Nurture Support for Arts practitioners
Here we will take a broad look at the nurture approach, the key principles and how this looks in practice in Scottish schools. We will then take this into our own experiences and look at how it can be applied within the groups and individuals worked with. Music is such a powerful resource and can be a wonderful creative outlet for young people, so how can we apply consistent strategies and practice to ensure accessibility for all pupils.
In this session we will discuss:
- What is a nurturing approach and why do we need it?
- What are the key principles of a nurturing approach?
- Viewing behaviour as communication, and how to balance high expectations with a caring approach.
- Music and nurture, how to build your class around positive relationships and place inclusion at the heart of your practice.
Karen is an Additional Support Needs (ASN) education, inclusion champion and teacher.
She has worked in the sector for over ten years and is passionate about all things ASN/SEND, especially helping other professionals increase their confidence., knowledge and opportunities for inclusion.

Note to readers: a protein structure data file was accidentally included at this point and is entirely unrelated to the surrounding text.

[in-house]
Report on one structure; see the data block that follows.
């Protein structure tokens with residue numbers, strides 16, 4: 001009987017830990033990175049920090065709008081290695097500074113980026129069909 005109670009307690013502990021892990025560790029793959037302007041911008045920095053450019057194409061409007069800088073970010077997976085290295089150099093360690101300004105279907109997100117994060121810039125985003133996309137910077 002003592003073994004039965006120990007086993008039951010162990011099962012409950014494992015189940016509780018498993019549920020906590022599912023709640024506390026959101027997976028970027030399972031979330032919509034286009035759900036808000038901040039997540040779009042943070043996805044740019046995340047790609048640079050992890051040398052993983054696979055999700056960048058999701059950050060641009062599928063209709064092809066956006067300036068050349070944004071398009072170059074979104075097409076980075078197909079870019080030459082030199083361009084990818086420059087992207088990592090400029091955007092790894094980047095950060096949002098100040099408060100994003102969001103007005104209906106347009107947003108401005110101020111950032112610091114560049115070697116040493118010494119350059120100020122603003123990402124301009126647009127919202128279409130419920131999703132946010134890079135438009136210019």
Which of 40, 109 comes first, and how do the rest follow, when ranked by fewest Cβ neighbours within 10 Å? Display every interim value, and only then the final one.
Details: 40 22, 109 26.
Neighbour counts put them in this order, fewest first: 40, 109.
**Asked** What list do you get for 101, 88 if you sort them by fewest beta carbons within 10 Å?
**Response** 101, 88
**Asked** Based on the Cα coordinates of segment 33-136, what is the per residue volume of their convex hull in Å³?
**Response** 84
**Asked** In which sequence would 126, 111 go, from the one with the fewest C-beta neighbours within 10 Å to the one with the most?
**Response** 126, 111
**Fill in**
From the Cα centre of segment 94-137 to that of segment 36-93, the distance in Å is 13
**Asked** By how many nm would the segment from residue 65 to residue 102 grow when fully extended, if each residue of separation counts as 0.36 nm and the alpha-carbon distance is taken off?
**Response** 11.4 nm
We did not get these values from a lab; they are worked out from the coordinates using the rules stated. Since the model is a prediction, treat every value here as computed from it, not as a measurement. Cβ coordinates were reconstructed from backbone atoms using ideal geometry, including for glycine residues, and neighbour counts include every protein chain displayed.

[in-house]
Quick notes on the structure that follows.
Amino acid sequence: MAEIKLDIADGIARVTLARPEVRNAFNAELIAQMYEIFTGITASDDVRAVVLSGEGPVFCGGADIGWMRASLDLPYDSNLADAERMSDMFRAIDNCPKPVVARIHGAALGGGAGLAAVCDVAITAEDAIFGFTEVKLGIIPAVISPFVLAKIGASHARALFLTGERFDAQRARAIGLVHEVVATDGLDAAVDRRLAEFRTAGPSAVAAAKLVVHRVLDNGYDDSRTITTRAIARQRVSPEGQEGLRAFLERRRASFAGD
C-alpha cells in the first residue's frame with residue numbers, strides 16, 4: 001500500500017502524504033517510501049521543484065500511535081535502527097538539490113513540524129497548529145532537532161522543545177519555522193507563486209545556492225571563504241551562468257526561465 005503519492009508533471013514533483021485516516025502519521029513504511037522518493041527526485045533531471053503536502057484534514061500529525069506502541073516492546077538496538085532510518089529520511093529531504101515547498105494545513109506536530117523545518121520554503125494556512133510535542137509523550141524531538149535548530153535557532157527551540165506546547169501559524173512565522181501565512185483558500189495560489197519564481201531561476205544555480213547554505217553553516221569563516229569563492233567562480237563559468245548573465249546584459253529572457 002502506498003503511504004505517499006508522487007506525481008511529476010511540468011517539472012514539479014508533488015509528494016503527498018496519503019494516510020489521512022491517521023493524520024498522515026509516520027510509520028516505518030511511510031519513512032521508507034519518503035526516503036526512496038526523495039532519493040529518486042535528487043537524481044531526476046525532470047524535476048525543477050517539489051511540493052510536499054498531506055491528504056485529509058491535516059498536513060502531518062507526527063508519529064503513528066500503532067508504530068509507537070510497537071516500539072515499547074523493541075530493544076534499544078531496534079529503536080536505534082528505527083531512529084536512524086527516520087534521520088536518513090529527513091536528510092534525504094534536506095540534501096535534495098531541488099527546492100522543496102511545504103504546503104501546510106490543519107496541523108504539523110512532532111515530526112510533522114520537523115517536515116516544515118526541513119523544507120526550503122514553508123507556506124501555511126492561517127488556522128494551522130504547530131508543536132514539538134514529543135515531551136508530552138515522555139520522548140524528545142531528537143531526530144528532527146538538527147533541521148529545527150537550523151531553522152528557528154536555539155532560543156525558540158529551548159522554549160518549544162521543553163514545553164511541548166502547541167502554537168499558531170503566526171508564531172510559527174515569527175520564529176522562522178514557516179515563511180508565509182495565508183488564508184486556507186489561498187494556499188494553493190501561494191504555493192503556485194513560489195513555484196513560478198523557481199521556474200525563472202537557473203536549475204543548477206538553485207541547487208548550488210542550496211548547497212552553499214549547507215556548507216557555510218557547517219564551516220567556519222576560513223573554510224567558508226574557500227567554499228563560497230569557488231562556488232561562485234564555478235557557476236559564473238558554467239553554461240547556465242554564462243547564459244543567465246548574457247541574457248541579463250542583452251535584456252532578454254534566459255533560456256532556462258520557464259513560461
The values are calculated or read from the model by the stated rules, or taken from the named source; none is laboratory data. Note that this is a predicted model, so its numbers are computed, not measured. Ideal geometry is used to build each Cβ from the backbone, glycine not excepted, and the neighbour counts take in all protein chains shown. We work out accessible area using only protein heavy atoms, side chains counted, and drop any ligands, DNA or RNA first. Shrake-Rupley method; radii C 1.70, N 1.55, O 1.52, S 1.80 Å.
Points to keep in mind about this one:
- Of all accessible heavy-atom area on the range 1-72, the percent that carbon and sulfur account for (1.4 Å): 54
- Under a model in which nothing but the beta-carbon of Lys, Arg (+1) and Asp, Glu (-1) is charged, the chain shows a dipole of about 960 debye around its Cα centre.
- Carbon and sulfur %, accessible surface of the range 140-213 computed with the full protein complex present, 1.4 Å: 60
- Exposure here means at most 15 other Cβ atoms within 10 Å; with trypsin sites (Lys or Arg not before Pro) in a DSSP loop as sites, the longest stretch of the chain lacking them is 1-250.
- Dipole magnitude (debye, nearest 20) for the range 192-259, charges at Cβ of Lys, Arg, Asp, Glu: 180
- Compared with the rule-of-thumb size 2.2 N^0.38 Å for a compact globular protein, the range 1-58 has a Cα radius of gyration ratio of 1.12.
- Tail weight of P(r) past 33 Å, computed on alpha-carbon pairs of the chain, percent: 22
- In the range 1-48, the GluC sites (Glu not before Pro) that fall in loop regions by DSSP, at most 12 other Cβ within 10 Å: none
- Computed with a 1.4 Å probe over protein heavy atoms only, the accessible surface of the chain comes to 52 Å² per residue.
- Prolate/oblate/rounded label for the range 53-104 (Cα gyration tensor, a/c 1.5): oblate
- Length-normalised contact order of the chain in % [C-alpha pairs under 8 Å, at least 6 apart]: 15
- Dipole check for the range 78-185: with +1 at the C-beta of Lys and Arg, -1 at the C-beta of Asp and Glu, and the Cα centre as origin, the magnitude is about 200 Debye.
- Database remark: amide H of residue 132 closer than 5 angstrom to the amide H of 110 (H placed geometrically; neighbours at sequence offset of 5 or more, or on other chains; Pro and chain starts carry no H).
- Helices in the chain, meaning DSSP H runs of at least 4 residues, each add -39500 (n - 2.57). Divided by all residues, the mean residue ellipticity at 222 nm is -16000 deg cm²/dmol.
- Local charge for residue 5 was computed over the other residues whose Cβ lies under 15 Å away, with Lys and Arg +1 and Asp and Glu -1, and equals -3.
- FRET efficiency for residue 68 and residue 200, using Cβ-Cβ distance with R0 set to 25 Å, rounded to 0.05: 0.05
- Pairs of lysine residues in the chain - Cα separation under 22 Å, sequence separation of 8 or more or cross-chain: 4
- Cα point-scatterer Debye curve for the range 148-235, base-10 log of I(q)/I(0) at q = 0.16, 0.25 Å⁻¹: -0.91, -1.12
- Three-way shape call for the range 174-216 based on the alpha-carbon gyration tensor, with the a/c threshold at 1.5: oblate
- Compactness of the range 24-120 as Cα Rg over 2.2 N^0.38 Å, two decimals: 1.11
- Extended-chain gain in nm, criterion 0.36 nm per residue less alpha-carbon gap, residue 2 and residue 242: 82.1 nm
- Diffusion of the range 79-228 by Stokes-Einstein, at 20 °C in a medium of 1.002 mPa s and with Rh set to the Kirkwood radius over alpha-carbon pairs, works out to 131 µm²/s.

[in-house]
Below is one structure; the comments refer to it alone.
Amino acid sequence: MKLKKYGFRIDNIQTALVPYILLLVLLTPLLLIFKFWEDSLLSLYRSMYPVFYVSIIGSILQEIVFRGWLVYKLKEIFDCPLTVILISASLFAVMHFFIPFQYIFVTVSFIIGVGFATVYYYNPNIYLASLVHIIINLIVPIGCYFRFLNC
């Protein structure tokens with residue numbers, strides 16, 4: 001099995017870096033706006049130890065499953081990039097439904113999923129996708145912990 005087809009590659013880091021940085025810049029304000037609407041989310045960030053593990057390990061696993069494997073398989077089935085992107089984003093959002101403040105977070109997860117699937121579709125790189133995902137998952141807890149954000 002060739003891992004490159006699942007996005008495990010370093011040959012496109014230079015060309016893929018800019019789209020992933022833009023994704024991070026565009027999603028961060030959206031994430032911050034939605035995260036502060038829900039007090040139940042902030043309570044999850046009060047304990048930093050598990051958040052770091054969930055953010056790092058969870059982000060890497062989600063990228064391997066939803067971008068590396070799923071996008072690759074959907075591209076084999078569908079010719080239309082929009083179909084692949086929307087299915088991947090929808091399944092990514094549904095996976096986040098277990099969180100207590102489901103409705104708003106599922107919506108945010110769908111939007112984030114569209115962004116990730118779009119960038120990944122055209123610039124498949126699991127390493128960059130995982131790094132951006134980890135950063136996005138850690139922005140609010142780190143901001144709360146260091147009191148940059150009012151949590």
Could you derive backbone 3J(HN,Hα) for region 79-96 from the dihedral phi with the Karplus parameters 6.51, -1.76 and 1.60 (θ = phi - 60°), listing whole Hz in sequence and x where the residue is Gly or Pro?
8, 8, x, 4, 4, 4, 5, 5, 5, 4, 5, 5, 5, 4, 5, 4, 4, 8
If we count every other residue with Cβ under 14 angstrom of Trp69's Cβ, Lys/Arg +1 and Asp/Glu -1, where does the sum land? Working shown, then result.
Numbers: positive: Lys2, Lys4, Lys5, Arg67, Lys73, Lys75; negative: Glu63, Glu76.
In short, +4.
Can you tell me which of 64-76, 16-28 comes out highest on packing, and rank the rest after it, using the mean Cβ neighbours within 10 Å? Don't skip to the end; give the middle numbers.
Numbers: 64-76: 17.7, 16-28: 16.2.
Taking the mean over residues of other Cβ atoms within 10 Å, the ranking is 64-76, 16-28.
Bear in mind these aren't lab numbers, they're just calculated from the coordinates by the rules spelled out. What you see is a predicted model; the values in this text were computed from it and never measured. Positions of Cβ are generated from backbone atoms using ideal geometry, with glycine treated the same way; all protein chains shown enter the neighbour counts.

She currently works for East Ayrshire Council, has written for TES and reaches out to other professionals via her podcast – Scottish ASN Teachers and as a presenter on Hug Radio
Karen has recently published a new book: Good Autism Practice for Teachers: Embracing Neurodiversity and Supporting Inclusion. This is an accessible guide for all trainees and teachers, providing practical, evidence-informed ways to support neurodivergent learners that will also benefit all pupils. It takes a close look at the theory around autism, including procedural /semantic memory, executive functioning, expressive/receptive language, sensory integration, behaviour as communication, and the importance of emotional literacy, co-regulation and resilience. It then delivers plenty of practical advice and suggestions to incorporate these ideas into day-to-day teaching, presenting high quality strategies to promote positive relationships and maximise teaching and learning outcomes. The book moves away from labels and encourages good inclusion practice to address the full range of needs in both mainstream primary and secondary classrooms.
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